The report that went live yesterday compares much of Facebooks action against spam from Q4 2017 to Q1 2018.
Facebook axed 583 million fake accounts in the first three months of 2018, the social media giant has said, detailing how it enforces "community standards" against sexual or violent images, terrorist propaganda or hate speech.
On Tuesday, Facebook said it took action on some 2.5 million hateful pieces of content in the first three months of 2018, up from 1.6 million in the last three months of 2017.
Meanwhile, Facebook's rate of squashing fake accounts is actually decreasing.
Responding to calls for transparency after the Cambridge Analytica data privacy scandal, Facebook yesterday said those closures came on top of blocking millions of attempts to create fake accounts every day.
On Tuesday, May 15, Guy Rosen, Facebook's Vice President of Product Management, posted a blog post on the company's newsroom. It believes about 3-4 percent of active Facebook accounts on the site in Q1 were still fake. For every 10,000 views of content on Facebook, the company said, roughly 8 of them were removed for featuring sex or nudity in the first quarter, up from 7 views at the end of past year. While the company seems to be very proficient at removing nudity and terrorist propaganda, it's lagging behind when it comes to hate speech.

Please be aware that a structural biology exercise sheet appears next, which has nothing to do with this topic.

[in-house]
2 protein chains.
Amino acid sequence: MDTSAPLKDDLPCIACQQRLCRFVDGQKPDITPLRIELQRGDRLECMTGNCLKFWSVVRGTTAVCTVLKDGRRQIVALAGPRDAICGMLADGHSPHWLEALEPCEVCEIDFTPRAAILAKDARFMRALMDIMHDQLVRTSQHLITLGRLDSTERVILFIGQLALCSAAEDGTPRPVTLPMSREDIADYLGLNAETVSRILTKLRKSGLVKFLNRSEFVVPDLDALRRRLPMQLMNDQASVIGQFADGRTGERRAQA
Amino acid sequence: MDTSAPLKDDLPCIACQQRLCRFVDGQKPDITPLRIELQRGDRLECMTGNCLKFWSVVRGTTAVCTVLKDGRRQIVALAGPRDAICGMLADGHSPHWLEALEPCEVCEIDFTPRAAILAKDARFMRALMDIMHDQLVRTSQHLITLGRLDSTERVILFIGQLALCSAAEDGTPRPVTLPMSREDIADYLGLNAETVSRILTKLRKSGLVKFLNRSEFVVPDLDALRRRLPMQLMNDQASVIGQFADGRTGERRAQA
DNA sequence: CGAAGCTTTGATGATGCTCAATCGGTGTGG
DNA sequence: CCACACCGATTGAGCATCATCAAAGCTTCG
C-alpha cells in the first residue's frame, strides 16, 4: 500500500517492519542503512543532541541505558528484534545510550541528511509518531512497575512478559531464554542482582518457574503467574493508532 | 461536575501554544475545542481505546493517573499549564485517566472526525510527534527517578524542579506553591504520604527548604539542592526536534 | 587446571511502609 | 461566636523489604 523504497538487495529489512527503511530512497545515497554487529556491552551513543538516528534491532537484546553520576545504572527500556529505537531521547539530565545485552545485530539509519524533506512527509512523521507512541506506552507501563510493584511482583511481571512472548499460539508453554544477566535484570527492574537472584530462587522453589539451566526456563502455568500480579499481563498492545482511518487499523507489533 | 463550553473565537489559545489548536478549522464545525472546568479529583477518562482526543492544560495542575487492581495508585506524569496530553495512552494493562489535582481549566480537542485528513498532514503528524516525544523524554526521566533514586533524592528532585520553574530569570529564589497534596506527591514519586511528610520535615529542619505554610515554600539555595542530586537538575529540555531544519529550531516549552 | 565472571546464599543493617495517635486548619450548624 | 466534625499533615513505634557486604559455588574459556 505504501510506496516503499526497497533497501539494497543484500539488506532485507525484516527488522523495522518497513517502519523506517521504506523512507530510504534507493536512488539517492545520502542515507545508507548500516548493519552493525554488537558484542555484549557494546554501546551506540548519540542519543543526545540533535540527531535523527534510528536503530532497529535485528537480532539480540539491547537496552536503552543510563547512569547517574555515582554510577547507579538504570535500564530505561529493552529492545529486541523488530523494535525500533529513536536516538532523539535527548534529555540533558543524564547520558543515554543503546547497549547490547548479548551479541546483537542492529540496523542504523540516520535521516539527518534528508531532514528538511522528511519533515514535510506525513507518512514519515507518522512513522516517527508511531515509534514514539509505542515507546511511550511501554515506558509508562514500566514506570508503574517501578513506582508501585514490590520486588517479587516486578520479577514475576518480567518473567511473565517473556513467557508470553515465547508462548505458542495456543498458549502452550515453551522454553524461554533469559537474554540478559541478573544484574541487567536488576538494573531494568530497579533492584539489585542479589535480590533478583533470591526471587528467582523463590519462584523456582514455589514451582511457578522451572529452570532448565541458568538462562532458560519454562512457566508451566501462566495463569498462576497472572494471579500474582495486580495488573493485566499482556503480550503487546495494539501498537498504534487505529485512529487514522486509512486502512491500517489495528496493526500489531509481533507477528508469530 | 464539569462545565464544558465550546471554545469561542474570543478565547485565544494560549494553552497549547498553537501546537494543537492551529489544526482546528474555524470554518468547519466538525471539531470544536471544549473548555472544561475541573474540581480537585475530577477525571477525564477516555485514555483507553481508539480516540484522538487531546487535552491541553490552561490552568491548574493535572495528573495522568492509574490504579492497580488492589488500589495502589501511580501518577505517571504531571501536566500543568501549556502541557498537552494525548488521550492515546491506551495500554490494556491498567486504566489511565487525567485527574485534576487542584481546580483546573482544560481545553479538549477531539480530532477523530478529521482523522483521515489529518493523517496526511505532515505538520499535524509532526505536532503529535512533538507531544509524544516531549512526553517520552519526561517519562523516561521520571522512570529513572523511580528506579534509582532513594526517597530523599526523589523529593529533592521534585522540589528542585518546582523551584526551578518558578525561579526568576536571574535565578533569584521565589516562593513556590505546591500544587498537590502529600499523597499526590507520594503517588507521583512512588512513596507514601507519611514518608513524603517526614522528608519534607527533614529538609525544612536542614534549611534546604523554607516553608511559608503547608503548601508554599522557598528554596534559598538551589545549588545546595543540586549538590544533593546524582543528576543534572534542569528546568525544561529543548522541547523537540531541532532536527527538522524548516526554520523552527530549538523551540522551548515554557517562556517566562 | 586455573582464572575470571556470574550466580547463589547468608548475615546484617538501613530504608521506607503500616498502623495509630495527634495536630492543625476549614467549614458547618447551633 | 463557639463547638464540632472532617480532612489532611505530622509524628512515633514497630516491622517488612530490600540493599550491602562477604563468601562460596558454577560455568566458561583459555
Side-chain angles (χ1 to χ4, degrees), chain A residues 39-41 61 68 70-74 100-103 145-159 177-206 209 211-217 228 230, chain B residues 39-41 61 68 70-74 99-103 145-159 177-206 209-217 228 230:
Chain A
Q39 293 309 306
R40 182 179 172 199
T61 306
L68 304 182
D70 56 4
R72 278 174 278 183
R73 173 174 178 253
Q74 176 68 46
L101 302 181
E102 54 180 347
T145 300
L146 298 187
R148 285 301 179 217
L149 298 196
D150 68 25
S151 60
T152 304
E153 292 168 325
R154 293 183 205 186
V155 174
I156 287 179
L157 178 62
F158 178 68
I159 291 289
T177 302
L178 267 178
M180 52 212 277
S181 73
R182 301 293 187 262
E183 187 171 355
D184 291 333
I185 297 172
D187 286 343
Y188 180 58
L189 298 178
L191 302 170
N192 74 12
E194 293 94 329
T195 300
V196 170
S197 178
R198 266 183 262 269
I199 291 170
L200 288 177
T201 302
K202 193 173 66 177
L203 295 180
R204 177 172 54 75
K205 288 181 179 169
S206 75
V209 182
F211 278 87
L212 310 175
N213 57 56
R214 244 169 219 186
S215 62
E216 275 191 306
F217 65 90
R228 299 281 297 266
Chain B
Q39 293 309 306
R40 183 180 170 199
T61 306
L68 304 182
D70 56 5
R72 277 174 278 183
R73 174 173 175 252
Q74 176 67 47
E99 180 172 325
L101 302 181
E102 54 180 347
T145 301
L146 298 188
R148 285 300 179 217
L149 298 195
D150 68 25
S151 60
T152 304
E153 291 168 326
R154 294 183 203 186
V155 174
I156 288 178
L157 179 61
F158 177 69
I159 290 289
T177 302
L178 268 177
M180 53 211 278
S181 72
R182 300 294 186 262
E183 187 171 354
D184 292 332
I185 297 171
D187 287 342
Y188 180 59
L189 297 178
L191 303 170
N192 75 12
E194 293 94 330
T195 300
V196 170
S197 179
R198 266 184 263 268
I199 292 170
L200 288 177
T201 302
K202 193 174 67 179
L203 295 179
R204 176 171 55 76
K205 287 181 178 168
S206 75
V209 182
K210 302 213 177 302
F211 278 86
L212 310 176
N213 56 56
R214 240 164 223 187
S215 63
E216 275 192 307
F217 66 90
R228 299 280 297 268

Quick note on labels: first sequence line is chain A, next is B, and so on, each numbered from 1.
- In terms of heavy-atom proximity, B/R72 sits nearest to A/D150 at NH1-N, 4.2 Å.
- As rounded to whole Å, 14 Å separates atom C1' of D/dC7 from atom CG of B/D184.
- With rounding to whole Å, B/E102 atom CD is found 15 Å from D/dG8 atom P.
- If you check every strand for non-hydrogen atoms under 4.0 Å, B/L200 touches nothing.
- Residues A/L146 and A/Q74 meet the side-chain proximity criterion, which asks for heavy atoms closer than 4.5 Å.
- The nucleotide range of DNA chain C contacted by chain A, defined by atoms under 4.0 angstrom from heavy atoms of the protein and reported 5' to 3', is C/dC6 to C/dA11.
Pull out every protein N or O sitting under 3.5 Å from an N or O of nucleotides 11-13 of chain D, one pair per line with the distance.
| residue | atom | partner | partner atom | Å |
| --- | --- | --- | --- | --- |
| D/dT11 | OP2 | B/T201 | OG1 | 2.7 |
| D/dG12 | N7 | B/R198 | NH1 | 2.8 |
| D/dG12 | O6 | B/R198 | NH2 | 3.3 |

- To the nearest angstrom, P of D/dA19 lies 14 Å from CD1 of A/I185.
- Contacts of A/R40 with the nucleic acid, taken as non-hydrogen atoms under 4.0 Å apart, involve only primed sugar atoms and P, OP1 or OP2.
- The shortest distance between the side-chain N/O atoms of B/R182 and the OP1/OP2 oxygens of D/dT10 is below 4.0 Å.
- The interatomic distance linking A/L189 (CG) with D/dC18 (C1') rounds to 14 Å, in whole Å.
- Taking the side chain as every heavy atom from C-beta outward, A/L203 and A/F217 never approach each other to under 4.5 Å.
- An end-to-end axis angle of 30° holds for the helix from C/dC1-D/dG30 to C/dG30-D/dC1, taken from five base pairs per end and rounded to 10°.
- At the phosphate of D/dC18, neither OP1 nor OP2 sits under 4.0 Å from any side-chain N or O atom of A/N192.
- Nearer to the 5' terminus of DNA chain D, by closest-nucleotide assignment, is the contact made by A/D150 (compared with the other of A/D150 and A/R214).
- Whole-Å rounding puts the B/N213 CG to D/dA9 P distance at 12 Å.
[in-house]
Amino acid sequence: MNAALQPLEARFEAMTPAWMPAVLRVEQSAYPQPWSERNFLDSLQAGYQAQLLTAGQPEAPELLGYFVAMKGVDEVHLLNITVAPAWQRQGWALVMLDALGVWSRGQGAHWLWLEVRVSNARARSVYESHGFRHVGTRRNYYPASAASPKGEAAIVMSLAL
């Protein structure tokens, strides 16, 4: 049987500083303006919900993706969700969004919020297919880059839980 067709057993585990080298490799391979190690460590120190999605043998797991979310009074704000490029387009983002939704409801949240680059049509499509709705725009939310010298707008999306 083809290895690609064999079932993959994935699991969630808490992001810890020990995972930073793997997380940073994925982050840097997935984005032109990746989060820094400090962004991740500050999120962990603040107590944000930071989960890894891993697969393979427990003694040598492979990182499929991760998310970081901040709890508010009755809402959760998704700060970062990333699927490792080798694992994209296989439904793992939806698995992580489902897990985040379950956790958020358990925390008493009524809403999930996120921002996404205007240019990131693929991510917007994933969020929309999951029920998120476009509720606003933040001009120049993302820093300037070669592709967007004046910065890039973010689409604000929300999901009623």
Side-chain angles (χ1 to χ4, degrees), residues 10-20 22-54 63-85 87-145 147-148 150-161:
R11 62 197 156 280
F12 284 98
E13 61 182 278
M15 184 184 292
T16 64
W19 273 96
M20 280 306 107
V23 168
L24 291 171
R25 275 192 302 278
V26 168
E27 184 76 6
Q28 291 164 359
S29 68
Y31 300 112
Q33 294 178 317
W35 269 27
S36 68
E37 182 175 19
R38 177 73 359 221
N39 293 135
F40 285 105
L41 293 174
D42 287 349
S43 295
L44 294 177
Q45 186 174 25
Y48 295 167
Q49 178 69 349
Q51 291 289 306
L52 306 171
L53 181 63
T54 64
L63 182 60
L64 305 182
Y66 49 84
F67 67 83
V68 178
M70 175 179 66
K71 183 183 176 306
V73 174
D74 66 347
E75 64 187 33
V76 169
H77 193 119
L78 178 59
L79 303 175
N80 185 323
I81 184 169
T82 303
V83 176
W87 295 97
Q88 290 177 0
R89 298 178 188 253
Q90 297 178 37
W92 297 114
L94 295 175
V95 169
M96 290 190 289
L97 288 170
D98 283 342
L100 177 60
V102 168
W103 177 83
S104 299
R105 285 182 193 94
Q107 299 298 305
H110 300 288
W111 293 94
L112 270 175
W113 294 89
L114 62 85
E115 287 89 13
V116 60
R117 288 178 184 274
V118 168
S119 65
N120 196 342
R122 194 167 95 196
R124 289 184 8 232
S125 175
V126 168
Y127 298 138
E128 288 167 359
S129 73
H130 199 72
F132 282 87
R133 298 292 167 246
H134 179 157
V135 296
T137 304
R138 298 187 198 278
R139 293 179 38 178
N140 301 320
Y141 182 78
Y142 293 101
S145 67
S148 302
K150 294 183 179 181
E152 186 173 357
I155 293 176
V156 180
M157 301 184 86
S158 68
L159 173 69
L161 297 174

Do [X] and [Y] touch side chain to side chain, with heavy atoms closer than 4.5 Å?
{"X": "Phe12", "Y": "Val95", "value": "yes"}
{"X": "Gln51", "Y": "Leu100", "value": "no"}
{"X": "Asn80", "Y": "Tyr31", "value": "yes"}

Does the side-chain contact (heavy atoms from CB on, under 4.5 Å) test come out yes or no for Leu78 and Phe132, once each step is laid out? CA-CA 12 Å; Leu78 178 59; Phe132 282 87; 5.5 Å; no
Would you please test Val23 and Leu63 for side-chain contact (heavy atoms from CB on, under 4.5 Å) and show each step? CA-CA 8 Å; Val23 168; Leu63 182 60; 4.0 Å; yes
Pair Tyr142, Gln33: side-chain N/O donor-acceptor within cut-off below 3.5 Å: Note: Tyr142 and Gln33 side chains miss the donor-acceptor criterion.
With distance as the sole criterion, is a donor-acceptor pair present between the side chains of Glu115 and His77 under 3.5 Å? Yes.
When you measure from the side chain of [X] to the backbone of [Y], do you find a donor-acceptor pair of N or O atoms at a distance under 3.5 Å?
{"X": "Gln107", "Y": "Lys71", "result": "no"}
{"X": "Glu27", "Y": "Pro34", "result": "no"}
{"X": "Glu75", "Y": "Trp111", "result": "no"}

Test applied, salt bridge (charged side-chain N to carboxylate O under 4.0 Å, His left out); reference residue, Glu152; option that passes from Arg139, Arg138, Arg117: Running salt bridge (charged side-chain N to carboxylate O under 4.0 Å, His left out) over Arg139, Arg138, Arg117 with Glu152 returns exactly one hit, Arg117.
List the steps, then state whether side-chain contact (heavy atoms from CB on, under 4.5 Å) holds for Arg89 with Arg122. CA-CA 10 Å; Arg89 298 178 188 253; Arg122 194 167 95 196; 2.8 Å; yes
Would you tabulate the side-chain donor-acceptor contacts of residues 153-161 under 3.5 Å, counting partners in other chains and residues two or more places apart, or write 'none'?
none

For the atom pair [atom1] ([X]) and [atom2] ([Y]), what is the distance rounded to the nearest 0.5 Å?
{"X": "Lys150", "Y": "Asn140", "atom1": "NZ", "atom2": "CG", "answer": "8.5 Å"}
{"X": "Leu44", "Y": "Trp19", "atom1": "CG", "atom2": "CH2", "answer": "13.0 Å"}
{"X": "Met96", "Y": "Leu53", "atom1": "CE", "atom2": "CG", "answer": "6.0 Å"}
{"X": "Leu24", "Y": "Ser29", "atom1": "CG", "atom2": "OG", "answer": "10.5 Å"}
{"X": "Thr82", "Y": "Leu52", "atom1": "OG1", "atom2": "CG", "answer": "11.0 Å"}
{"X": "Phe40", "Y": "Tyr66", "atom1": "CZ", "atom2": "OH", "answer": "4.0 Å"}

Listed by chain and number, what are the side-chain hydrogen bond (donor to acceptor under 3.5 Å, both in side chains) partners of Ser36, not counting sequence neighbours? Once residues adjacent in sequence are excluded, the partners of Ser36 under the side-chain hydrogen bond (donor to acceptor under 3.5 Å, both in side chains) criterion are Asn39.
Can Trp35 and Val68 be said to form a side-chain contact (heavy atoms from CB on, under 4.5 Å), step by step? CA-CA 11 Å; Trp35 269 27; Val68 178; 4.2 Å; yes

Facebook defines content of graphic violence as the information that glorifies violence or celebrates the suffering or humiliation of others, which it says may be covered with a warning and prevented from being shown to underage viewers.
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Facebook's policing efforts are aimed at maintaining a family-friendly atmosphere for users and advertisers. "It's partly that technology like artificial intelligence, while promising, is still years away from being effective for most bad content because context is so important".
On the other hand, Facebook only took down 2.5 million posts containing hate speech.
"Artificial intelligence isn't good enough yet to determine whether someone is pushing hate or describing something that happened to them so they can raise awareness of the issue", said Rosen.
Small doses of nudity and graphic violence still make their way onto Facebook, even as the company is getting better at detecting some objectionable content, according to a new report.
Nearly 86 percent was found by the firm's technology before it was reported by users. "This is the same data we use to measure our progress internally - and you can now see it to judge our progress for yourselves".
The committee has also urged Facebook boss Mark Zuckerberg to appear before them, adding that it would be open to taking evidence from the billionaire company founder via video link if he would not attend in person.